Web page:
When your dog has a fever, the body’s number one priority is to lower body temperature. It does this by depleting the cells of some water in an attempt to cool down the body temperature. The result of this is excessive thirst to replenish the depleted cells.
Diarrhea/Vomiting: Both these things cause your dog’s body to lose a massive amount of water quickly. When water is lost so fast, extreme thirst will develop. Drinking habits should return to normal within 72 hours.
Kidney Failure: This is a severe condition and is much more common in older dogs. Kidney failure will cause polyuria (excessive thirst and urination), which means your dog will need to drink more water to stay hydrated. One of the main symptoms of kidney failure is blood in the urine. Other symptoms include lethargy, depression, and lack of appetite. If you notice this, make an appointment with your veterinarian ASAP.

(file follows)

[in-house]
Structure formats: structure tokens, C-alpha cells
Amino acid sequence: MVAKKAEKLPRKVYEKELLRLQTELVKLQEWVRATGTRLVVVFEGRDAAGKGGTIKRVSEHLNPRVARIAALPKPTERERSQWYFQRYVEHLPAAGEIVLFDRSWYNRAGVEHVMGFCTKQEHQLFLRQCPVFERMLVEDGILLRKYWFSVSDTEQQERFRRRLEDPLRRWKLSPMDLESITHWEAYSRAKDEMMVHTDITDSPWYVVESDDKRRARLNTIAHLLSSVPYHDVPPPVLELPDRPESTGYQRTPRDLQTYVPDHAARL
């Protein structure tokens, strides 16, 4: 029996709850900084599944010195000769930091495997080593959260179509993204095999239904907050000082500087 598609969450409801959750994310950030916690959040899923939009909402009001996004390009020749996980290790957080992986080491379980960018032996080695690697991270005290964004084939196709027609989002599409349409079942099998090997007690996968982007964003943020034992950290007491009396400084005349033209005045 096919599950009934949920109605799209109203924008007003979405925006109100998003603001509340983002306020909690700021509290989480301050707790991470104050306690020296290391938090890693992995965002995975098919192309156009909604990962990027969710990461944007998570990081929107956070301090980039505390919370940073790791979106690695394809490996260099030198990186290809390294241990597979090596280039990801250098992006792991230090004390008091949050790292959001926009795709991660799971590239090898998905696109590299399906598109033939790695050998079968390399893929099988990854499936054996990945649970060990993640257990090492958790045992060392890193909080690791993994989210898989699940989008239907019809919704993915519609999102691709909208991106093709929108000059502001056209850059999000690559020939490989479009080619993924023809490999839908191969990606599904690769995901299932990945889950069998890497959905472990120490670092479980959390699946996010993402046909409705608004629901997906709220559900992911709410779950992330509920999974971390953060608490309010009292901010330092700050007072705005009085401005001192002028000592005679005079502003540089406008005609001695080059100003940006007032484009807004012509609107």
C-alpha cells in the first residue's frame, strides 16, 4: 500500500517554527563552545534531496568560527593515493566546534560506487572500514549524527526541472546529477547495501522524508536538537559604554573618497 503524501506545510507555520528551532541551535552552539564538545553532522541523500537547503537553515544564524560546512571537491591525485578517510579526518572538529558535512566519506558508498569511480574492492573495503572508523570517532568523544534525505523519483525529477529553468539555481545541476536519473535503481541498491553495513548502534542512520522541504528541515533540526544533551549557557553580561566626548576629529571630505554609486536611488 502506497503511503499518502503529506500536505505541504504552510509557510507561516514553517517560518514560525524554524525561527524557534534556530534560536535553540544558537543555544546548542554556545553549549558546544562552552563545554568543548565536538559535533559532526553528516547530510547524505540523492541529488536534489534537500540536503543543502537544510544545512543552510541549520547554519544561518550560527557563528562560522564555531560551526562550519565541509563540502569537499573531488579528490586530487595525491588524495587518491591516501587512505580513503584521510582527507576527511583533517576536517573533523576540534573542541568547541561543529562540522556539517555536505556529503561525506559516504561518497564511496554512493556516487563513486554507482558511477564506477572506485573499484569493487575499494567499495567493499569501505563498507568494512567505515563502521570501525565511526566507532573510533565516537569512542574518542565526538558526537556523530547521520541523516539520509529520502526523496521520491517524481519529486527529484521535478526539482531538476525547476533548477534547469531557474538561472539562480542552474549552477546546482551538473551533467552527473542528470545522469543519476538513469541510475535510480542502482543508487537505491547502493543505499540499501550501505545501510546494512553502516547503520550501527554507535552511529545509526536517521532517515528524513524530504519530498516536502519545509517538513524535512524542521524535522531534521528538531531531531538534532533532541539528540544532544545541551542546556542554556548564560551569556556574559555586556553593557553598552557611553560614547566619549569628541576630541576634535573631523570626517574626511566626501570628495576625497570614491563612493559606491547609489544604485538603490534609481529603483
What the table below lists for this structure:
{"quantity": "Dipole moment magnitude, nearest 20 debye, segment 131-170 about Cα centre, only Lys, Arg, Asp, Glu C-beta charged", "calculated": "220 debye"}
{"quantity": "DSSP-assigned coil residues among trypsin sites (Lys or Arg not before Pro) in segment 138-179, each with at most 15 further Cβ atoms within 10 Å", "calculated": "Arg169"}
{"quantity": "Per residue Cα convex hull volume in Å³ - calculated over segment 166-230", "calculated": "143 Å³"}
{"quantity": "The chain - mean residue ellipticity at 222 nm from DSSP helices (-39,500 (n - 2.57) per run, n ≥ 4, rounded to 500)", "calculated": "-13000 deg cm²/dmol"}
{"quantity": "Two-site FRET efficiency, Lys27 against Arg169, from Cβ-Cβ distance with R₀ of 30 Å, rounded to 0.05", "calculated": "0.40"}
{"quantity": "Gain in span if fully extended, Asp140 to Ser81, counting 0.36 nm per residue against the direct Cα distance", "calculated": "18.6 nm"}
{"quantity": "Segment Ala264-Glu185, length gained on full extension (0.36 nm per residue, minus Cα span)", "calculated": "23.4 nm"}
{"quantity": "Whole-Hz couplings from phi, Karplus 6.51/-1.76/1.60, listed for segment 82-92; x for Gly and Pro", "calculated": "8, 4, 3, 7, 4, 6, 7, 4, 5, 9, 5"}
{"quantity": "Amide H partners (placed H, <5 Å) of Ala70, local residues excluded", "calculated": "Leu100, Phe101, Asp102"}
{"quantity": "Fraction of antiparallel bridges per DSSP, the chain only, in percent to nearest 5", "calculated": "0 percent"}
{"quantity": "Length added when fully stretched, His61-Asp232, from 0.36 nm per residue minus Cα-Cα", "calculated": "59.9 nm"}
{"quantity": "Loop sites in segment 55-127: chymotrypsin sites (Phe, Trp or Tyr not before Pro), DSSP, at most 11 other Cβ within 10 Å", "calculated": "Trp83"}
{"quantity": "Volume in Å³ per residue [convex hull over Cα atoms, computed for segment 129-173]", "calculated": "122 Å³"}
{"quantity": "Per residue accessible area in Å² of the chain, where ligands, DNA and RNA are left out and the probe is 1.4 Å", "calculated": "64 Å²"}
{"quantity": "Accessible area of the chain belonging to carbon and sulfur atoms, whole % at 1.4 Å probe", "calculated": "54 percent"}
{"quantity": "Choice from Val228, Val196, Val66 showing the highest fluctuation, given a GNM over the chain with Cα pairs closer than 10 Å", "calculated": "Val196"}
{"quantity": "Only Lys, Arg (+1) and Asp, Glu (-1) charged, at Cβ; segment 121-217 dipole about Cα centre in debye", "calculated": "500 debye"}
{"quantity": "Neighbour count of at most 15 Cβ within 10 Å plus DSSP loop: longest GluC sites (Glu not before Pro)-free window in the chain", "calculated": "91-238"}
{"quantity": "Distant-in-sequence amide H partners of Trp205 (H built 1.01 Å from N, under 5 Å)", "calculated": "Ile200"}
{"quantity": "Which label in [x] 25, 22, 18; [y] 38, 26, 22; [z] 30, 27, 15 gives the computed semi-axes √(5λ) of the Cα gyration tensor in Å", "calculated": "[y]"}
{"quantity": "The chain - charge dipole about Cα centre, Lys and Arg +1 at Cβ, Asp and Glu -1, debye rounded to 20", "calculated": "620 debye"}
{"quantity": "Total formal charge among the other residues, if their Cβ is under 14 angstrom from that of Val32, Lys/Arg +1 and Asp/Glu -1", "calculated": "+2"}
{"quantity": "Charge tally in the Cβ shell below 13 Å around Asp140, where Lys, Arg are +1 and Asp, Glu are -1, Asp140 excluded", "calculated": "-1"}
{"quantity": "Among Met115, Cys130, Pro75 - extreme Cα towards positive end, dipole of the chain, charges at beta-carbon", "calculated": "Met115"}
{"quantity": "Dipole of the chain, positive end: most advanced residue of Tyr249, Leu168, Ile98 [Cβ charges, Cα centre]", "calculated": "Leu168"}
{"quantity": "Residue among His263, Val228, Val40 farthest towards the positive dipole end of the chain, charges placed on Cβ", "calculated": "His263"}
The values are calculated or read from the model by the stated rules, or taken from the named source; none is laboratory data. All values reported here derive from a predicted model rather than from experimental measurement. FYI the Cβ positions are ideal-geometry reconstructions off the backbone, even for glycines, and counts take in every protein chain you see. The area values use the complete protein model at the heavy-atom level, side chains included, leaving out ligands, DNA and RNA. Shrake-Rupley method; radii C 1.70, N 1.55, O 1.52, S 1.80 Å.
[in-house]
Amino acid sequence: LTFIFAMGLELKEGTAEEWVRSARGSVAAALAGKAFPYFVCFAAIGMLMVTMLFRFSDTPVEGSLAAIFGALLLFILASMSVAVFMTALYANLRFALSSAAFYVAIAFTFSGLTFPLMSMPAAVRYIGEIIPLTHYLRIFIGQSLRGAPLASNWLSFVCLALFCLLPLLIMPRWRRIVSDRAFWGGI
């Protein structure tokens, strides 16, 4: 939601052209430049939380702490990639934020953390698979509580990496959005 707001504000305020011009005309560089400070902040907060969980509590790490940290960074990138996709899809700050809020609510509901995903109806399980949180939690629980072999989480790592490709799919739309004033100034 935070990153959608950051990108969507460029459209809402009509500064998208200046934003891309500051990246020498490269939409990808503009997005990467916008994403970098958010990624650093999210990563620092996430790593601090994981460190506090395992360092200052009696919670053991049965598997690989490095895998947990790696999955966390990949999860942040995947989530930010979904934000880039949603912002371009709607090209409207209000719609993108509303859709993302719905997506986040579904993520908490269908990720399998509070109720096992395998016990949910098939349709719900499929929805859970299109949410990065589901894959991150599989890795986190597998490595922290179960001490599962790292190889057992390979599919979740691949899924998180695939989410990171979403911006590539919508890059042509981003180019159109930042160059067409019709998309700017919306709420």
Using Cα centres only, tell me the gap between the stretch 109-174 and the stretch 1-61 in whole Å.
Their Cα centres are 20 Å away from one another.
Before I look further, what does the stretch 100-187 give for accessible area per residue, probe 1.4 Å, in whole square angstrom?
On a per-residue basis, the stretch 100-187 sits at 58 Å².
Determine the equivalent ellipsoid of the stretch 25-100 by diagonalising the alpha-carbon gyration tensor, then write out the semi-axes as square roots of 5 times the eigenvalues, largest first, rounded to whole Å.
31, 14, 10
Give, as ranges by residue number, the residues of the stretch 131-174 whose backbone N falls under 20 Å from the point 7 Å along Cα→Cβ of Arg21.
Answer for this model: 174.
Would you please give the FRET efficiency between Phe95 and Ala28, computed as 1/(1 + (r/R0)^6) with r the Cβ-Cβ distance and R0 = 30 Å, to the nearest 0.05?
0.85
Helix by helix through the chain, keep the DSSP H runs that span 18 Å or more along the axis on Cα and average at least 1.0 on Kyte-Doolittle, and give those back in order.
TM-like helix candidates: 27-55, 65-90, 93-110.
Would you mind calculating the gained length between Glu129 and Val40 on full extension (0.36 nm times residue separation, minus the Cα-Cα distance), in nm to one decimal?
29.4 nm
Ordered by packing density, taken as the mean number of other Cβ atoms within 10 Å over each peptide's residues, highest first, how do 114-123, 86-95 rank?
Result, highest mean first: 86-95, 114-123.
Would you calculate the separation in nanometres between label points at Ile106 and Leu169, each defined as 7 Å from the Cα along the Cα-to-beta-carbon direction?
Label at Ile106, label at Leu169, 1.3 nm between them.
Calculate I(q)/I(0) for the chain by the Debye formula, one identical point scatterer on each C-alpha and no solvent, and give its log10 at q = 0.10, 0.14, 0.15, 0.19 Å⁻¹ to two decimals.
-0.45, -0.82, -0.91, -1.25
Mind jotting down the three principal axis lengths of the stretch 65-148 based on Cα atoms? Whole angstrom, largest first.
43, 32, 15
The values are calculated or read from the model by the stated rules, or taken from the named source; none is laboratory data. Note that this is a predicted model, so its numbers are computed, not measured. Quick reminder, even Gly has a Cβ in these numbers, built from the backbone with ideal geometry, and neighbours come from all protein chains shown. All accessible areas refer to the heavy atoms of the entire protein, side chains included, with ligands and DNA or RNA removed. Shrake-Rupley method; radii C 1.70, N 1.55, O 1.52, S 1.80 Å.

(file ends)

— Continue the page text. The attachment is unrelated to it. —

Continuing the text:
Diabetes: Although diabetes is a serious medical condition for dogs, it’s not nearly as serious as kidney disease. Diabetes mellitus will cause a sudden and drastic increase in blood sugar levels, a side effect of this is dehydration. As we already know by now, dehydration causes excessive thirst.
Cushing’s Disease: This is another disease that is much more common in older dogs. It occurs when the adrenal gland produces more cortisol than usual. A small benign tumor on the pituitary gland usually causes this.